Like most days, my lack of facility in either of Ukraine’s most useful languages once again inhibited my ability to do my job today. It takes a lot of preparation to arrange for borrower interviews in the field. And as of yesterday evening, I had all my ducks lined up for a trip to Yubilenyi Market this morning. Step 1: My previous interpreter recently got a job, so with the help of Max, the Kiva Coordinator, I arranged for a new interpreter and explained to her the job. Reluctantly, she agreed. Step 2: After identifying a slew of borrowers I wanted to interview, Max arranged with Volodya, a willing loan officer, to visit Yubilenyi Market the next morning. Step 3: I asked Alina, my interpreter, to arrange with Russian-speaking Volodya where and when to meet the next morning. Step 4: Receive call from interpreter Alina to about when she can meet and where we should meet Volodya.
Step 4 never happened. The interpreter never called this morning and it all fell apart.
I love you Kiva, but why the *&%# did you send me to Ukraine, when I speak no Russian or Ukrainian at all? I interviewed in French! Twice! Come on people…
It’s not Kiva’s fault. In fact, I was all scheduled to go to francophone Africa with KF9 until circumstances led me to defer until KF10, which apparently had a plethora of French speakers and a dearth of Russian speakers. Me and my big, angliski mouth happened to mention to Kiva “all my experience in eastern Europe” (*ahem* … I’ve since learned that I had no experience in Eastern Europe, I was very decidedly in Central Europe, an entirely different place altogether) … and here I am in Zaporozhye. Even in my third week here, I meet Ukrainians who simply laugh in my face when they realize I moved to Zaporozhye with no Russian skills at all. What were you thinking, sweet little American girl?!?! Welcome to Ukraine darlin. We don’t speak English. Or French or Hungarian.
And so I visit Anya, my Russian tutor, for one and a half hours twice a week. I sit and listen intently to every word of Russian spoken in radio commercials and pop songs during my half-hour long rides on the marshrutka each morning and evening. I practice sounding out in my head every single sign I see in the Cyrillic alphabet. Every day I’m faster and faster.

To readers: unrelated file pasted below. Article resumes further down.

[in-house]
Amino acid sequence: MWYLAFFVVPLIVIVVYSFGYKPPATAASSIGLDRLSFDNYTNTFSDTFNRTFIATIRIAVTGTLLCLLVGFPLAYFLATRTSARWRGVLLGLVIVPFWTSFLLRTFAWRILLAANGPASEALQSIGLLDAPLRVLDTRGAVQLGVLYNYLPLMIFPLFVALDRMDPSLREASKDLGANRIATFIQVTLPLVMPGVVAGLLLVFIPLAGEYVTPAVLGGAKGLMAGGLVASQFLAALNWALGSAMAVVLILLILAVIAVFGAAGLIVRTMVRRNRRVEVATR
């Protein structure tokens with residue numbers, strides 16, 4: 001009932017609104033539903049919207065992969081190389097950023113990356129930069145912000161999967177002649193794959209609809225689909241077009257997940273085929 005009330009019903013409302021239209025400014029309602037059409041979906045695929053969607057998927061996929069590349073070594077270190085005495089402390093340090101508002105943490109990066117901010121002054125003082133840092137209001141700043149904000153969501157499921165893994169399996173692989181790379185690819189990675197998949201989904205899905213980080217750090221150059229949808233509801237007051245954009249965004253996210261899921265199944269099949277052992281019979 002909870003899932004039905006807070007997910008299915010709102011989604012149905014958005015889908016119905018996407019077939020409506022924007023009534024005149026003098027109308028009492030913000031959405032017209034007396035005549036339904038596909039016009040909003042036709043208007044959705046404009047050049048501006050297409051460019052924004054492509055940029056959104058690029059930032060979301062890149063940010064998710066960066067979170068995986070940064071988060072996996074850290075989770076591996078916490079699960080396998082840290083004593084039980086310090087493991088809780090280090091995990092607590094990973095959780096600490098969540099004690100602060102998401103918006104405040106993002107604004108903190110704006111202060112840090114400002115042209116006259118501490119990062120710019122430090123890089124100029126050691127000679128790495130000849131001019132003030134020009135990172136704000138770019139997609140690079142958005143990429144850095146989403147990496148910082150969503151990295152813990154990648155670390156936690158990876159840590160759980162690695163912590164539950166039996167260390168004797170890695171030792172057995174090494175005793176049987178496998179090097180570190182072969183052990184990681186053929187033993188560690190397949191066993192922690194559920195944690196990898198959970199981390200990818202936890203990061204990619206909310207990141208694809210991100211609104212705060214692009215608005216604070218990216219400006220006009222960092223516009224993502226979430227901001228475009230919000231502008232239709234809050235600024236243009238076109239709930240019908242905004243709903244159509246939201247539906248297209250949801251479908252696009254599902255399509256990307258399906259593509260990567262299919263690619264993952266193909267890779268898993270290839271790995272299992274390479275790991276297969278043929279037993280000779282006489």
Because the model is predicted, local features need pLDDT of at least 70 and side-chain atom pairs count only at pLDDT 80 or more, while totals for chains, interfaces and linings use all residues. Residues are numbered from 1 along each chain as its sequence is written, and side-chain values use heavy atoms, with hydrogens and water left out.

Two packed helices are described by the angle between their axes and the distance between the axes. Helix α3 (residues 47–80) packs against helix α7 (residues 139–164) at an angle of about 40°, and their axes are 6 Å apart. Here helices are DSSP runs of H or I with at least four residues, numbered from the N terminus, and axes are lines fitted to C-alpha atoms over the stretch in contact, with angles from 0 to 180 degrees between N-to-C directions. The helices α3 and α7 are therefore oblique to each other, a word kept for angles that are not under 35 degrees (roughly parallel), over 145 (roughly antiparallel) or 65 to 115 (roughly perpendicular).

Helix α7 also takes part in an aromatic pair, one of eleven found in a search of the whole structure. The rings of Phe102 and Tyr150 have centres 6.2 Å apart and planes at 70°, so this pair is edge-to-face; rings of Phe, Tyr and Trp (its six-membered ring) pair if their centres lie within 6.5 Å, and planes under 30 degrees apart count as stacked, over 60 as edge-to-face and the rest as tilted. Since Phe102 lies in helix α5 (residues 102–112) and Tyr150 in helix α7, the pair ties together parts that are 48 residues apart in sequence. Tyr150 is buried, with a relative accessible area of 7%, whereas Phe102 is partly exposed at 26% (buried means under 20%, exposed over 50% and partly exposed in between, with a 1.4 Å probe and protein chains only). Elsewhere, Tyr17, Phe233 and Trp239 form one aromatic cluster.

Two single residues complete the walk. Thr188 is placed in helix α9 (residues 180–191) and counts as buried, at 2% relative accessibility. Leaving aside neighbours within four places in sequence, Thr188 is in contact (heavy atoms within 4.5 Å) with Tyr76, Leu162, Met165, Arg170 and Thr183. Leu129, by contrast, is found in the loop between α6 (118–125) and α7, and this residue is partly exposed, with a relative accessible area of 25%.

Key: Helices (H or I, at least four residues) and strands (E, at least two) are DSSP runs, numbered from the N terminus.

It’s such a bizarre experience to live in an environment where you don’t understand the vast majority of communication that occurs around you. Your personality starts to change in really strange ways. I’ve noticed, for example, that I avoid all human contact as much as possible. I avoid getting in elevators with people, long lines at the super market, sitting next to people on the marshrutka. In a matter of weeks I’ve become what you might call “meek and mousey.”
When the unavoidable verbal contact does occur with another Ukrainian, I panic. My mind rapidly scrolls through English, no, French, non, Hungarian, nem, Russian…eh…I have three things I can say:
“Я не знаю” = I don’t know.
“Прости” = Forgive me.
“Я не говорю по-русский.” = I don’t speak Russian.
All of these, mind you, can also be strung together to form at least four other sentences.
Forgive me, I don’t know.
I don’t know, I don’t speak Russian.
I don’t speak Russian, forgive me.
Forgive me, I don’t know, I don’t speak Russian.
Of course, this can be limiting. For example, upon entering my large Soviet-style block apartment building, a babushka who has been living there for 40 years stops and asks me, “Do you live here?” If I respond, “Forgive me. I don’t know,” I’m certain to arouse suspicion.
So to “meek” and “mousey” we can now add “clueless“ and “sometimes suspicious” to words that describe my new personality.
Sometimes, when I’m especially tired or disinterested in making an effort, I simply respond, “Nyet” or say nothing at all. This is especially hilarious when I’m asked a question that warrants more than a yes or no answer.
In the grocery store, I usually do ok. I know I’ll be prompted with, Do you want a bag? “Nyet, sbasiba.” You owe this much. I pull out the biggest bill I have since I’m still learning numbers and I know this dude has change, even if he pretends he doesn’t. Do you have smaller bills? “Nyet.” A different question that I don’t understand? Panic-stricken look. … Deer in headlights. … French … Hungarian …“Nyet.” Rolled eyes. Change received. “Sbasiba bolshaya! (thank you very much!)”
And thus we add “awkward” and “rude” to “meek,” “mousey,” “clueless,” and “sometimes suspicious.”
Closing words of encouragement: I’ve been told now on four different occasions, thrice by Ukrainians and once by a Russian, that I have a good accent and good pronunciation with my Russian. This is a huge bonus in my favor. I’ve also had a few moments of glory when some of the Canadians and Americans I’ve befriended here, who have been taking Russian for several months, were impressed with my ability to order a beer in Russian or to understand the general gist of what my Ukrainian friend said when she tried to embarrass me to a Ukrainian waiter by speaking in Russian. Hopefully, all of this will contribute to my efforts to become less meek, mousey, clueless, mildly suspicious, rude and awkward, and thus a more pleasant person to get to know, here in Ukraine.